Medication History Refer to the WA Medication History and Management Plan (WA MMP) form. If: WA MMP present in bedside folder. NB: Either old or new version of the WA MMP is acceptable
Medication History 5.2 Where medication history is documented elsewhere according to local procedure, it has been cross-referenced on the chart? YES if : Medication history is cross-referenced on at least one chart (e.g. “See MMP” or “See previous chart”)
VTE risk assessment and VTE prophylaxis 6.1 The following has been documented in the VTE risk assessment section • Section 6.1 ‘yes’ box marked = VTE risk considered ticked
VTE risk assessment and VTE prophylaxis • Section 6.1 ‘prophylaxis not required’ box marked = ‘not indicated’ • Only refer to pharmacological prophylaxis • Section 6.1 ‘contraindicated’ box marked = • Only refer to pharmacological prophylaxis
VTE Prophylaxis 6.2 VTE prophylaxis prescribed Refer to WA Anticoagulation chart.* YES if: Pharmacological VTE prophylaxis prescribed. • WA public hospitals will only be looking at pharmacological VTE prophylaxis and not mechanical
VTE Prophylaxis 6.3 Section in which VTE prophylaxis prescribed in VTE section Refer to WA Anticoagulation chart only.* ‘the VTE prophylaxis order section only’ =
VTE risk assessment and VTE prophylaxis • 6.2 should be Y
YES if : there is at least ONE initial in the Pharmaceutical Review section on the medication chart (regardless of length of stay) Pharmaceutical Review • 7.1: Y should be chosen in this example
Chart numbering • 8.1: ‘N’ should be chosen as the first chart is not numbered.
Anticoagulant education record • Refer to WA Anticoagulant chart for this question • Ongoing treatment would be charted in the ‘Therapeutic doses’ and the ‘variable warfarin section’ of the anticoagulant chart • Education should be marked on the bottom of this chart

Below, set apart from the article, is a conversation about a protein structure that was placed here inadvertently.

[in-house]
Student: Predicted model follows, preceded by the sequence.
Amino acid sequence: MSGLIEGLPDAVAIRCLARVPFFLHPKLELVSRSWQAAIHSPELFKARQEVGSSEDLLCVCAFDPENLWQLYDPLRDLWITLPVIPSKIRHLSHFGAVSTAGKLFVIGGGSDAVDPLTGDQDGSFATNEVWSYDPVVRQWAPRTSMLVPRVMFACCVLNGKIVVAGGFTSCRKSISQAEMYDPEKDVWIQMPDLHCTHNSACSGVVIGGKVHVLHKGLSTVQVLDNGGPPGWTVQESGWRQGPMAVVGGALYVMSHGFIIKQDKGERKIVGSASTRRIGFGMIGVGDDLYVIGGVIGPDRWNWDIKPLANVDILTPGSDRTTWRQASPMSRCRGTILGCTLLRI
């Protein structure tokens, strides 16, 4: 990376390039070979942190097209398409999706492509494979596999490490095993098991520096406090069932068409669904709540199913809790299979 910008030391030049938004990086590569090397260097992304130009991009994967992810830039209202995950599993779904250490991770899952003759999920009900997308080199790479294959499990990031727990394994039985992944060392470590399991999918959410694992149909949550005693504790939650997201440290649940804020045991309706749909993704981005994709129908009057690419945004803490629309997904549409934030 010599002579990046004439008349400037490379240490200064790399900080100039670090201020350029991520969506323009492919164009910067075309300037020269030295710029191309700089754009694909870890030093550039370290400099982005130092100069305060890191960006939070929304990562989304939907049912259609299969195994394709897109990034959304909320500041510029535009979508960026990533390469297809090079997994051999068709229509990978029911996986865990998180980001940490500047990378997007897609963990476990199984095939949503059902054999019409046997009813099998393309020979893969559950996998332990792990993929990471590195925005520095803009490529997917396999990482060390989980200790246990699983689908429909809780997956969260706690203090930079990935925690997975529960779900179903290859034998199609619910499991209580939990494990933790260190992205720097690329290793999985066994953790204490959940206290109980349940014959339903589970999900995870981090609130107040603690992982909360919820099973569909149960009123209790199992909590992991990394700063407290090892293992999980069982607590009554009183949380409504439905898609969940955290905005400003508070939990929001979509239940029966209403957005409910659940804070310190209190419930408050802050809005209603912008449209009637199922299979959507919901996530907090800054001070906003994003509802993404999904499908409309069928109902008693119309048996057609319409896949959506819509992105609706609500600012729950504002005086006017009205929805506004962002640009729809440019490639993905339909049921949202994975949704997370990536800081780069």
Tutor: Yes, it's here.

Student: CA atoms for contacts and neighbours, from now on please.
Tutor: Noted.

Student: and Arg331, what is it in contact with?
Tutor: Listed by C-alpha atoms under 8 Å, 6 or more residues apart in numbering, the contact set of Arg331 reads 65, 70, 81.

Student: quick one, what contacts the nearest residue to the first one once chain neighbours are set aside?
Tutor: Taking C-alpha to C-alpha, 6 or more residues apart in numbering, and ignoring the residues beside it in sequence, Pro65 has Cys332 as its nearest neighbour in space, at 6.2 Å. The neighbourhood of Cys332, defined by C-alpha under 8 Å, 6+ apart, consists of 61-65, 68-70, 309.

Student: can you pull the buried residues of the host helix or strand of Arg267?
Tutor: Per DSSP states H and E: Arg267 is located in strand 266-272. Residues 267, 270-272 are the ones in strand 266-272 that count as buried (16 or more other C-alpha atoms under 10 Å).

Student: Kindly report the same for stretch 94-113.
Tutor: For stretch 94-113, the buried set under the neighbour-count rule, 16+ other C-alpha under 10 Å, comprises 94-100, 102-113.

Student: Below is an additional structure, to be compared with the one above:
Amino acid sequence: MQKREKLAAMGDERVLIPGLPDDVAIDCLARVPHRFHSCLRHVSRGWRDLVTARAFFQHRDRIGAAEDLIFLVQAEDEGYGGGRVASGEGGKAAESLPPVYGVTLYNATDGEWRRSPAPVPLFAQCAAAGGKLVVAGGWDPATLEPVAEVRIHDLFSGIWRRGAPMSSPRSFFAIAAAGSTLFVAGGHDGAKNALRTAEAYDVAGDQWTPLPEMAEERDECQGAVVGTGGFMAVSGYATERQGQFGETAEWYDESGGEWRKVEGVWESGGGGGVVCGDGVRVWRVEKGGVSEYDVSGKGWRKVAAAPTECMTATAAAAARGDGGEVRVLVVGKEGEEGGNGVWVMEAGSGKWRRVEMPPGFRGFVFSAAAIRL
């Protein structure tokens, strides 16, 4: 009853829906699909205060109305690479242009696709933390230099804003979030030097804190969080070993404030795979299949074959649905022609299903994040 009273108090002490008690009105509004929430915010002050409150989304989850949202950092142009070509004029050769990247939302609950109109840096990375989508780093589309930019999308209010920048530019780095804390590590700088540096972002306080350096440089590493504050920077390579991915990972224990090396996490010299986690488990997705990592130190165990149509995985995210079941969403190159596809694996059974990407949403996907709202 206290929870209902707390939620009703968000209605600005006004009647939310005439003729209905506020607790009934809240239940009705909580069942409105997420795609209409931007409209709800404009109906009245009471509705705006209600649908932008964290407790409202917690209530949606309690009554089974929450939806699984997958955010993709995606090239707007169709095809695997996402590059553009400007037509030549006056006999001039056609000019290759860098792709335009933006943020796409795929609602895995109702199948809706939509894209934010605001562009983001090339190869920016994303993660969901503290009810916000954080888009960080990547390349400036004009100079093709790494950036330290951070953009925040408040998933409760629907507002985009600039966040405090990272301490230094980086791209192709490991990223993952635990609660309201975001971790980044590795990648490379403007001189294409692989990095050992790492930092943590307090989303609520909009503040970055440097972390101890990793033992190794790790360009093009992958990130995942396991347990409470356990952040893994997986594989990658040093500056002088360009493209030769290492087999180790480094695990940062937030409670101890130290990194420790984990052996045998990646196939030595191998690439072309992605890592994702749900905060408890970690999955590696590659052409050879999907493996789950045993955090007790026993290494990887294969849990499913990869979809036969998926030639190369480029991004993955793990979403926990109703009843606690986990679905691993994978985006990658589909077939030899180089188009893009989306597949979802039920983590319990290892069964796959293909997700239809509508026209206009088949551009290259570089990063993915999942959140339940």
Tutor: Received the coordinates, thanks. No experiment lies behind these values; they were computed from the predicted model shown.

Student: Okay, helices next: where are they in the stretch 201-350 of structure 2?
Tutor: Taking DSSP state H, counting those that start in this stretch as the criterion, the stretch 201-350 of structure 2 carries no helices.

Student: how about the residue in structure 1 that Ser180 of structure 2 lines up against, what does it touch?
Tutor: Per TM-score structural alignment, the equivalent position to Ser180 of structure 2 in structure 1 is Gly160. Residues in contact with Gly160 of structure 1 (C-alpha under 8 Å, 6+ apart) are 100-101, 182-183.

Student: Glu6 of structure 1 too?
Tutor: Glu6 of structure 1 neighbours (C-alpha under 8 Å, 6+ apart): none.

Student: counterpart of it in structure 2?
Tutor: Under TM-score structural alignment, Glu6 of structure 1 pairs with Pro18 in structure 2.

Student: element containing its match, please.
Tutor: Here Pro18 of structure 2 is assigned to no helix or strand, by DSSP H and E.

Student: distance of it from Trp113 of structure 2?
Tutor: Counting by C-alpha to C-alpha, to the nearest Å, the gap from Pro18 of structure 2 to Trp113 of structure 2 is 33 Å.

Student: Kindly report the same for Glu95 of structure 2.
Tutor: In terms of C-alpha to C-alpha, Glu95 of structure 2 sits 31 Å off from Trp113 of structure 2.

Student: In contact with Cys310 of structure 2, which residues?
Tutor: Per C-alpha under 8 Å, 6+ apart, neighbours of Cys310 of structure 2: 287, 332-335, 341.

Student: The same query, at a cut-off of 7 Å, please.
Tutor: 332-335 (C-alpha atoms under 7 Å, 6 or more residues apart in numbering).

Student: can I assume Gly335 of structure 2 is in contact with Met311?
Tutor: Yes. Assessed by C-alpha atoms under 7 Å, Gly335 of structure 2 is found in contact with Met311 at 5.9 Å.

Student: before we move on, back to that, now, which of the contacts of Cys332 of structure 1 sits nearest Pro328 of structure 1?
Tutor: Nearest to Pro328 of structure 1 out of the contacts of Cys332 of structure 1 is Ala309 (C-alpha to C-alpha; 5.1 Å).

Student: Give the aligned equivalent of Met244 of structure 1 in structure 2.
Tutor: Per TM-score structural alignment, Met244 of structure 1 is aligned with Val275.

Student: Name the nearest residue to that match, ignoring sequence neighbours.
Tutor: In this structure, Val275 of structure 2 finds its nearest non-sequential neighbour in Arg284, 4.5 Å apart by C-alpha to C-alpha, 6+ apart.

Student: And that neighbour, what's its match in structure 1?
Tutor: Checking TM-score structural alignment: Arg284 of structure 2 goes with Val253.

Anticoagulant education record • Refer to “Regular Dose Orders – Therapeutic Doses” section of WA Anticoagulant chart for this question • Refer to the “Anticoagulant Discharge Planning” section of the WA Anticoagulant chart
5-10 minute break before we look at the medicine order sections of the NSMC audit
Medicine Orders Section 10 - 14 • Orders should be considered complete and correct where there is no potential for misinterpretation or administration error, based on the documentation on the chart • Section 10 Regular medicine orders • Section 11 PRN medicine order • Section 12 Once-only, nurse initiated and phone orders • Section 13 Variable dose medicine orders • Section 14 Warfarin orders
Medicine order section Total number of medicines orders • The following relate to questions • 10.1 • 11.1 • 12.1 • 12.2 • 13.1 • 14.1 • This relates to all the medicines orders in the specified section (regular, variable, prn etc.) of all active charts • Includes only active orders • Exclude any ceased orders
Medicine Order Section Record the number of orders in this section where the following errors are identified • The following relate to questions : • 10.2 11.2 12.3 13.2 14.2 • Review all the orders in the specified medicines section • Record the number of orders where the specified error was identified • Record number of orders not the total number of errors • Put a ‘0’ in the box if there are no orders with the specified error
Type of errors • Order not legible • Order contains one or more error prone abbreviations • Not complete and correct: • Medicine name • Route • Dose • Frequency • Prescriber name not legible on the chart • Order not signed by prescriber
Prescribing and Administration Error Prone Abbreviations Examples include
Prescribing and Administration Error prone abbreviations (continued) • Hospitals may have their own more extensive list of error prone abbreviations Refer to Commission’s https://www.safetyandquality.gov.au/wp-content/uploads/2017/01/Recommendations-for-terminology-abbreviations-and-symbols-used-in-medicines-December-2016.pdf
Prescribing and Administration Is this complete and correct Medicine name not complete and correct • Record the number of orders where the medicine name is not complete and correct with potential for error identified • Refer to local policy to determine if generic or brand name is considered correct